Residents Fail To Reverse Eviction Decision


Shirl Deveaux, corporate lawyer for the BMC.


Tribune Staff Reporter


THREE former Millennium Gardens residents whose homes were repossessed last year by the Bahamas Mortgage Corporation were unsuccessful in petitioning the court for a reversal.

The residents were represented by Munroe & Associates. Lawyers from Wayne Munroe’s firm argued the BMC was statute-barred from repossessing the homes because it had waited beyond six years to enforce an order for repossession.

According to Shirl Deveaux, corporate lawyer for the BMC, the application was heard before Supreme Court Justice Diane Stewart on February 6. The judge dismissed the case and awarded costs of $1,800 to the BMC.

Ms Deveaux said: “The attorneys for the defendant failed to do their due diligence in searching whether necessary documents had been filed pursuant to the rules of the Supreme Court so their application was misconceived.”

Ms Deveaux said the BMC goes well beyond other lending institutions in giving leeway to people who fall behind in their arrears.

“The BMC works hand-in-hand with these people and it’s a very long time before the BMC would even seek to bring any sort of vacant possession proceedings against these persons,” she said. “Even when we appear in court we try to give as many adjournments as possible. Many times, BMC holds their hands, guiding them through the process, allowing them to make as minimal a mortgage as possible even if you could look at the loan and see they would never be able to pay it off.”

Nevertheless, Ms Deveaux said the BMC won’t pursue court-ordered costs against the defendants.

“We often don’t pressure or pursue costs when the court grants it to us because we understand most of the clients are of low to middle income and our aim is to assist them as much as possible,” she said. “If they are having difficulty paying the mortgage then even in a case like this where costs are awarded we won’t pursue it. At the same time, lawyers for the defendants were seeking costs from us in $7,500 and I’m certain they would’ve pursued those costs had they won.”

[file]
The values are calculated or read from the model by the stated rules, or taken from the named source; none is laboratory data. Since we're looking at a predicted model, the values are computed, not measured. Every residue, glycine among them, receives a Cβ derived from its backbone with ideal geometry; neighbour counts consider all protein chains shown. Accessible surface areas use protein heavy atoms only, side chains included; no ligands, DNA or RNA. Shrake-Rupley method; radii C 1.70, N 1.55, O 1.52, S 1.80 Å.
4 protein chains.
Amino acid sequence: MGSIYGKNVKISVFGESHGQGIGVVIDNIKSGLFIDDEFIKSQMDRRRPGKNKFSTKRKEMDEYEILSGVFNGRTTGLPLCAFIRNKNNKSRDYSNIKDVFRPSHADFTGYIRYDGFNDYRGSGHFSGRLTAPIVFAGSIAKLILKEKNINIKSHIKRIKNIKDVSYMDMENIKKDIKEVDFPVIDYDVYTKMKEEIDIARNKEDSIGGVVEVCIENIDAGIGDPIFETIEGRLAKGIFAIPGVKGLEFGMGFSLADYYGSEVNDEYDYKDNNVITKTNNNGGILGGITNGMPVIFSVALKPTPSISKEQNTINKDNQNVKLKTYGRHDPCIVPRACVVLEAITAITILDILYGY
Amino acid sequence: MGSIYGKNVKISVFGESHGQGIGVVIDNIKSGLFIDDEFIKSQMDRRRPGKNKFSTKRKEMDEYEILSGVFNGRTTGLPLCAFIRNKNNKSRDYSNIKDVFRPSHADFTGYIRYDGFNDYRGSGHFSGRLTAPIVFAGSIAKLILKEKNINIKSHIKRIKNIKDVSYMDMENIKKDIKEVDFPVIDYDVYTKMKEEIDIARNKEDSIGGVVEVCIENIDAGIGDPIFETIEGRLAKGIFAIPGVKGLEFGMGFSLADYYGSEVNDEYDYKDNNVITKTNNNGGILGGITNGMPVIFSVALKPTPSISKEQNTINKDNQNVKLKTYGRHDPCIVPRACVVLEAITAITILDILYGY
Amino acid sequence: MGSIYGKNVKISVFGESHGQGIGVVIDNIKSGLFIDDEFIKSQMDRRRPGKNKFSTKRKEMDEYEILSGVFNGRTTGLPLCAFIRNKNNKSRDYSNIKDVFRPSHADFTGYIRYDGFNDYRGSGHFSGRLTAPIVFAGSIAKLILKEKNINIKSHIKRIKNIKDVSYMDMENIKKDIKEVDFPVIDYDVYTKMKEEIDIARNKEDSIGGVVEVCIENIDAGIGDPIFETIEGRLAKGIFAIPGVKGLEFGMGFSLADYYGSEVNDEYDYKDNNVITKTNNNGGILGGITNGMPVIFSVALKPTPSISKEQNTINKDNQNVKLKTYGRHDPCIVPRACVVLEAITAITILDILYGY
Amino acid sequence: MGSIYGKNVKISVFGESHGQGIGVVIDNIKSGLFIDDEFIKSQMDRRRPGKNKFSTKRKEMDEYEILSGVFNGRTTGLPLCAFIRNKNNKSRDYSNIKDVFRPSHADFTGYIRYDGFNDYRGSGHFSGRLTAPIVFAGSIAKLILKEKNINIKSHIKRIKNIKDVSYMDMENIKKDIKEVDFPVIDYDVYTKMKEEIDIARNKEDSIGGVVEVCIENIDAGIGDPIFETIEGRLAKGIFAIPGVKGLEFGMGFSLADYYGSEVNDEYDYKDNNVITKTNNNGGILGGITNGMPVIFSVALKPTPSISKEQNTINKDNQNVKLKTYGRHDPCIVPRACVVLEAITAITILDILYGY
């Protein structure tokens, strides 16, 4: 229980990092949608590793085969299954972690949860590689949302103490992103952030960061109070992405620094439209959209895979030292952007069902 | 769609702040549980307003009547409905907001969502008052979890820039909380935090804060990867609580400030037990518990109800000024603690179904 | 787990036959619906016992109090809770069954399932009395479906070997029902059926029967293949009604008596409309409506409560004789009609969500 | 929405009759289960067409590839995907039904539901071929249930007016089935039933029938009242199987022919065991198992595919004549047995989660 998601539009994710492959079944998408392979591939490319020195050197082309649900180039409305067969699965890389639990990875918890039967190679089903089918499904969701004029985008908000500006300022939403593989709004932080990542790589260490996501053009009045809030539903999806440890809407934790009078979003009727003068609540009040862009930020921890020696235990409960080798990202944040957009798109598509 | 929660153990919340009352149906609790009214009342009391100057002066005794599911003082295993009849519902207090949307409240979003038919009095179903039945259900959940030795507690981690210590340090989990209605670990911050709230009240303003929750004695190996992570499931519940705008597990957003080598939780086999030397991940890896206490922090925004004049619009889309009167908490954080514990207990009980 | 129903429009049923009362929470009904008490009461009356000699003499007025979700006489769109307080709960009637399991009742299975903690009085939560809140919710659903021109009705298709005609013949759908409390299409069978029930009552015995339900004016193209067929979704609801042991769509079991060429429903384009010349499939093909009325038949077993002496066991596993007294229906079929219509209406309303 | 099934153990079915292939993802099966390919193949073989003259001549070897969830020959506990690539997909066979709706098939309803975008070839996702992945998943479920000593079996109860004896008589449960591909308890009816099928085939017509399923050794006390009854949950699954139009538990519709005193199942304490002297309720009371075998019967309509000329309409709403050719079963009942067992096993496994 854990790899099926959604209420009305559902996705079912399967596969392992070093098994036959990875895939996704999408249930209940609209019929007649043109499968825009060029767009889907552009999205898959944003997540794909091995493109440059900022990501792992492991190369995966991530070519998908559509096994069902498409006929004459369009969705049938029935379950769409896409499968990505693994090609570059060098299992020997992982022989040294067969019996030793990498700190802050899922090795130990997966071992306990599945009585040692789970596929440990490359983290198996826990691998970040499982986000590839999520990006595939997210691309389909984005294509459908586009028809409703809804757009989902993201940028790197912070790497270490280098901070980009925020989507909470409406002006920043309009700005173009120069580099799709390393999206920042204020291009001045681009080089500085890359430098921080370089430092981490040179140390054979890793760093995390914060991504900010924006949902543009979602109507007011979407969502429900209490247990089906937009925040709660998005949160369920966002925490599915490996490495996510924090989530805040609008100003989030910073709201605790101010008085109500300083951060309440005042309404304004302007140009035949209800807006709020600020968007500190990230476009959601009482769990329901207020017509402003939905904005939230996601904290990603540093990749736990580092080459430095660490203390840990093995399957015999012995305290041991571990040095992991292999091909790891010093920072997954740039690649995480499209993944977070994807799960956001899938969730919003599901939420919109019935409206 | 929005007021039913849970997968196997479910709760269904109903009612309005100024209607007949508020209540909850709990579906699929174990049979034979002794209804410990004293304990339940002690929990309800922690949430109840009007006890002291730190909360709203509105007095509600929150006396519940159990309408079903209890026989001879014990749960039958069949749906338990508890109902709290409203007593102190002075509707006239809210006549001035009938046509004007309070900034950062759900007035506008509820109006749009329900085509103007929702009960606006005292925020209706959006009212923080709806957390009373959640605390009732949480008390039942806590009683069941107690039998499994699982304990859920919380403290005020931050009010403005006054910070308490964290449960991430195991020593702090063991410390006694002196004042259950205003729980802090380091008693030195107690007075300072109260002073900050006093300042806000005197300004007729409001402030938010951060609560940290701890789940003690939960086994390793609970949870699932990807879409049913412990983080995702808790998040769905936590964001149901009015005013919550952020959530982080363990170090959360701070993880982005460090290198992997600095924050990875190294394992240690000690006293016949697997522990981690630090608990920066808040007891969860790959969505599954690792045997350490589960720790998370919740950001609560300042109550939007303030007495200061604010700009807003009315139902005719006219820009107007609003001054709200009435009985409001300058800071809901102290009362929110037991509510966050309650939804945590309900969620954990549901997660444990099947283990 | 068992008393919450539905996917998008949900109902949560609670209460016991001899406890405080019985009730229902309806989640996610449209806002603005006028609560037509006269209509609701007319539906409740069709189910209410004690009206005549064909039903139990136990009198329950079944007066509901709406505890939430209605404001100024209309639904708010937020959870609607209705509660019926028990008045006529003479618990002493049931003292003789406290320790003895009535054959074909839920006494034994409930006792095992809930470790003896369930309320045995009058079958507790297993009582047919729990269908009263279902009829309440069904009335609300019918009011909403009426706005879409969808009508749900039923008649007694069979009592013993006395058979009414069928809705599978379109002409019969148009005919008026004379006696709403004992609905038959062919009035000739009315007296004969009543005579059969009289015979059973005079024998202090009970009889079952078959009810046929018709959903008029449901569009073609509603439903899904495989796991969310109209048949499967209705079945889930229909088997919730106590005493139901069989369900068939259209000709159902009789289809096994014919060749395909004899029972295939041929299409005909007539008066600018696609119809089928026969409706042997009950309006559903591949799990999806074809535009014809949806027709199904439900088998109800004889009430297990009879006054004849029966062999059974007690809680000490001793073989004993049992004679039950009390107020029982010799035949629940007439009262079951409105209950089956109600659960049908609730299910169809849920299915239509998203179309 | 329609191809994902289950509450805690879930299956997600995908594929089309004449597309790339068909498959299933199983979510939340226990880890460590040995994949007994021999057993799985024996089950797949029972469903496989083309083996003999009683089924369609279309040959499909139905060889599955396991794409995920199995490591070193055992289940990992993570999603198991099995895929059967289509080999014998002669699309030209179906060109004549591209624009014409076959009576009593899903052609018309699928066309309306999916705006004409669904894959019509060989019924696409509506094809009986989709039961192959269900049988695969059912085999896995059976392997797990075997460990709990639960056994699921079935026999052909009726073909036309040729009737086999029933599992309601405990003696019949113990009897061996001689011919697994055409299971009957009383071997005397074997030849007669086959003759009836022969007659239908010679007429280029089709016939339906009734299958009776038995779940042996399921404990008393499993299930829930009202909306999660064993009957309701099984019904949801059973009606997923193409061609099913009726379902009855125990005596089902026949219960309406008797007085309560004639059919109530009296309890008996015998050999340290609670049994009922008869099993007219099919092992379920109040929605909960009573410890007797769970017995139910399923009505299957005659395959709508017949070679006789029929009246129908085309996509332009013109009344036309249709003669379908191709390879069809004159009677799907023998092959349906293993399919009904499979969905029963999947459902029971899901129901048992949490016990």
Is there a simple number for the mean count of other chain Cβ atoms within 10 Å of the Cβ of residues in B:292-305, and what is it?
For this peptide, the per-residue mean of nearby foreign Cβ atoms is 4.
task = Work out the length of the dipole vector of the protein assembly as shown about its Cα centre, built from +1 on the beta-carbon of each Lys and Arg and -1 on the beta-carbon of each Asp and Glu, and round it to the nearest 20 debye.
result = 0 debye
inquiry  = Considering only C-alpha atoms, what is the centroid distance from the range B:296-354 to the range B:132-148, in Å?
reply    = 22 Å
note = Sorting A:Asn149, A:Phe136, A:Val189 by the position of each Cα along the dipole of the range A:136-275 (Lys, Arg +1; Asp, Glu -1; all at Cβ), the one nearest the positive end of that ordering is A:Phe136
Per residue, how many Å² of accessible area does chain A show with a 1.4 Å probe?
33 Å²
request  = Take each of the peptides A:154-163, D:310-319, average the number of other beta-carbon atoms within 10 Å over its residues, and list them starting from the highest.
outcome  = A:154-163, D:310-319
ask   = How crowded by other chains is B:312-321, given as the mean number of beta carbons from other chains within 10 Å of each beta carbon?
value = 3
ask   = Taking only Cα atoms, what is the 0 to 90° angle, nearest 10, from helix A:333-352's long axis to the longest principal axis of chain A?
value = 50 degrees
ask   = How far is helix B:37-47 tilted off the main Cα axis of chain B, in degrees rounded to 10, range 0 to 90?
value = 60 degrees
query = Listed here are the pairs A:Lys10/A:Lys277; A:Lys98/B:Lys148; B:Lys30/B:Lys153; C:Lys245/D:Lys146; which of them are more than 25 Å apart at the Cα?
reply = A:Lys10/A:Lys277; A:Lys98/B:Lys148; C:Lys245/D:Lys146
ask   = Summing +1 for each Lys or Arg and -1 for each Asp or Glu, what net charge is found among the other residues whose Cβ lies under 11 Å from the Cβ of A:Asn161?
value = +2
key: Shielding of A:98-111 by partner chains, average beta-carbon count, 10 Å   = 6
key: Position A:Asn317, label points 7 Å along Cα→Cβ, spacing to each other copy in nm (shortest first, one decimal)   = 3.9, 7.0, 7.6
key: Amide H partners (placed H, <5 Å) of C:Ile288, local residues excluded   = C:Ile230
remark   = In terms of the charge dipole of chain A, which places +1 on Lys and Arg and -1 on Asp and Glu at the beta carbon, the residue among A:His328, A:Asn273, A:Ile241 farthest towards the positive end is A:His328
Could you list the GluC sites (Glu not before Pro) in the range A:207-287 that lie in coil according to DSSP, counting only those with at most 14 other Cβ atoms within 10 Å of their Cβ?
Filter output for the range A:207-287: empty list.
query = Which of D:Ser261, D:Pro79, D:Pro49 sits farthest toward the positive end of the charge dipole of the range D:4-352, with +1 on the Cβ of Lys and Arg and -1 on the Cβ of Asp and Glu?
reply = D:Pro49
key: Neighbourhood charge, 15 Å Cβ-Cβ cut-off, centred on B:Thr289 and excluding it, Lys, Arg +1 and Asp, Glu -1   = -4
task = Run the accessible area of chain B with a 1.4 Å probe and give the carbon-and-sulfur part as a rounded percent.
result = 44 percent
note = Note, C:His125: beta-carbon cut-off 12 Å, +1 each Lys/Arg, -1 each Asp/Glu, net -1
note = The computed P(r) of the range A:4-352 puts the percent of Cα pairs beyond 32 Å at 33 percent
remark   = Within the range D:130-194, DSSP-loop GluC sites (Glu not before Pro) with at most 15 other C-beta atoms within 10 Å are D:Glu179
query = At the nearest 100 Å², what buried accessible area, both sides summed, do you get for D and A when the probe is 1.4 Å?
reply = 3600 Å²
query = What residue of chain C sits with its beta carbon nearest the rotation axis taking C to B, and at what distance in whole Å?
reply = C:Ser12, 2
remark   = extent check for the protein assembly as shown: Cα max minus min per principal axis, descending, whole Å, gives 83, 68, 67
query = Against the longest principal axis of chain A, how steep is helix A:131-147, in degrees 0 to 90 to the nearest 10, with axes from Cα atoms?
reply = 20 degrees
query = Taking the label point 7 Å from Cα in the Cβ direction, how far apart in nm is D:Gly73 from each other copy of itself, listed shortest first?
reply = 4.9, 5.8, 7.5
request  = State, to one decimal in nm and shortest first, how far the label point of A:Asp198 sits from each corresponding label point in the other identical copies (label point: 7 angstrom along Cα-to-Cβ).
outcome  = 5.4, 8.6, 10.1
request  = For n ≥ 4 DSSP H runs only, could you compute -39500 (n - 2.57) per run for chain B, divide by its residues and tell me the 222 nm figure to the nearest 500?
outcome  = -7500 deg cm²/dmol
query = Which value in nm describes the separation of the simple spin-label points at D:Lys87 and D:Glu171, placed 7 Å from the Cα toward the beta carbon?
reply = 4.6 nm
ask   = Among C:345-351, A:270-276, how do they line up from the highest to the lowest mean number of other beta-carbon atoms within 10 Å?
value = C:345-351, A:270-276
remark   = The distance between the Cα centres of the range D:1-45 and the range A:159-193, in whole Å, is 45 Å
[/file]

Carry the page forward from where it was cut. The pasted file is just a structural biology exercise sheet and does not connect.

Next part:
The two sides appeared to dispute what led to the summonses being dismissed. Ms Deveaux said lawyers for the residents withdrew the case after analysing the BMC’s submissions. However, Mr Munroe, who was not present for the hearing, suggested that while his side conceded the BMC filed its case before the limitation period expired, the judge herself considered the legal consequence of that and sided with the BMC.

“We are in fact considering an appeal,” he said.

Ms Deveaux said: “The period allowed for the enforcement of judgments is six years from the date that the order became enforceable. In this case, the order was issued on the 31st August 2011 and became enforceable 90 days thereafter on the 20th November 2011. “Accordingly, the limitation period would have expired on the 29th November 2017. The application for writ of possession in this case was filed in the Supreme Court Registry on the 22nd August 2017, well before the 29th November 2017. In any event, even if the clock is held to have started on the date that the order was made, the enforcement proceedings were commenced prior to 30th August 2017. Therefore, the enforcement proceedings would not have been statute barred.”

About ten homes were repossessed in the Millennium Gardens area last year after residents in some cases failed for years to pay their bills.


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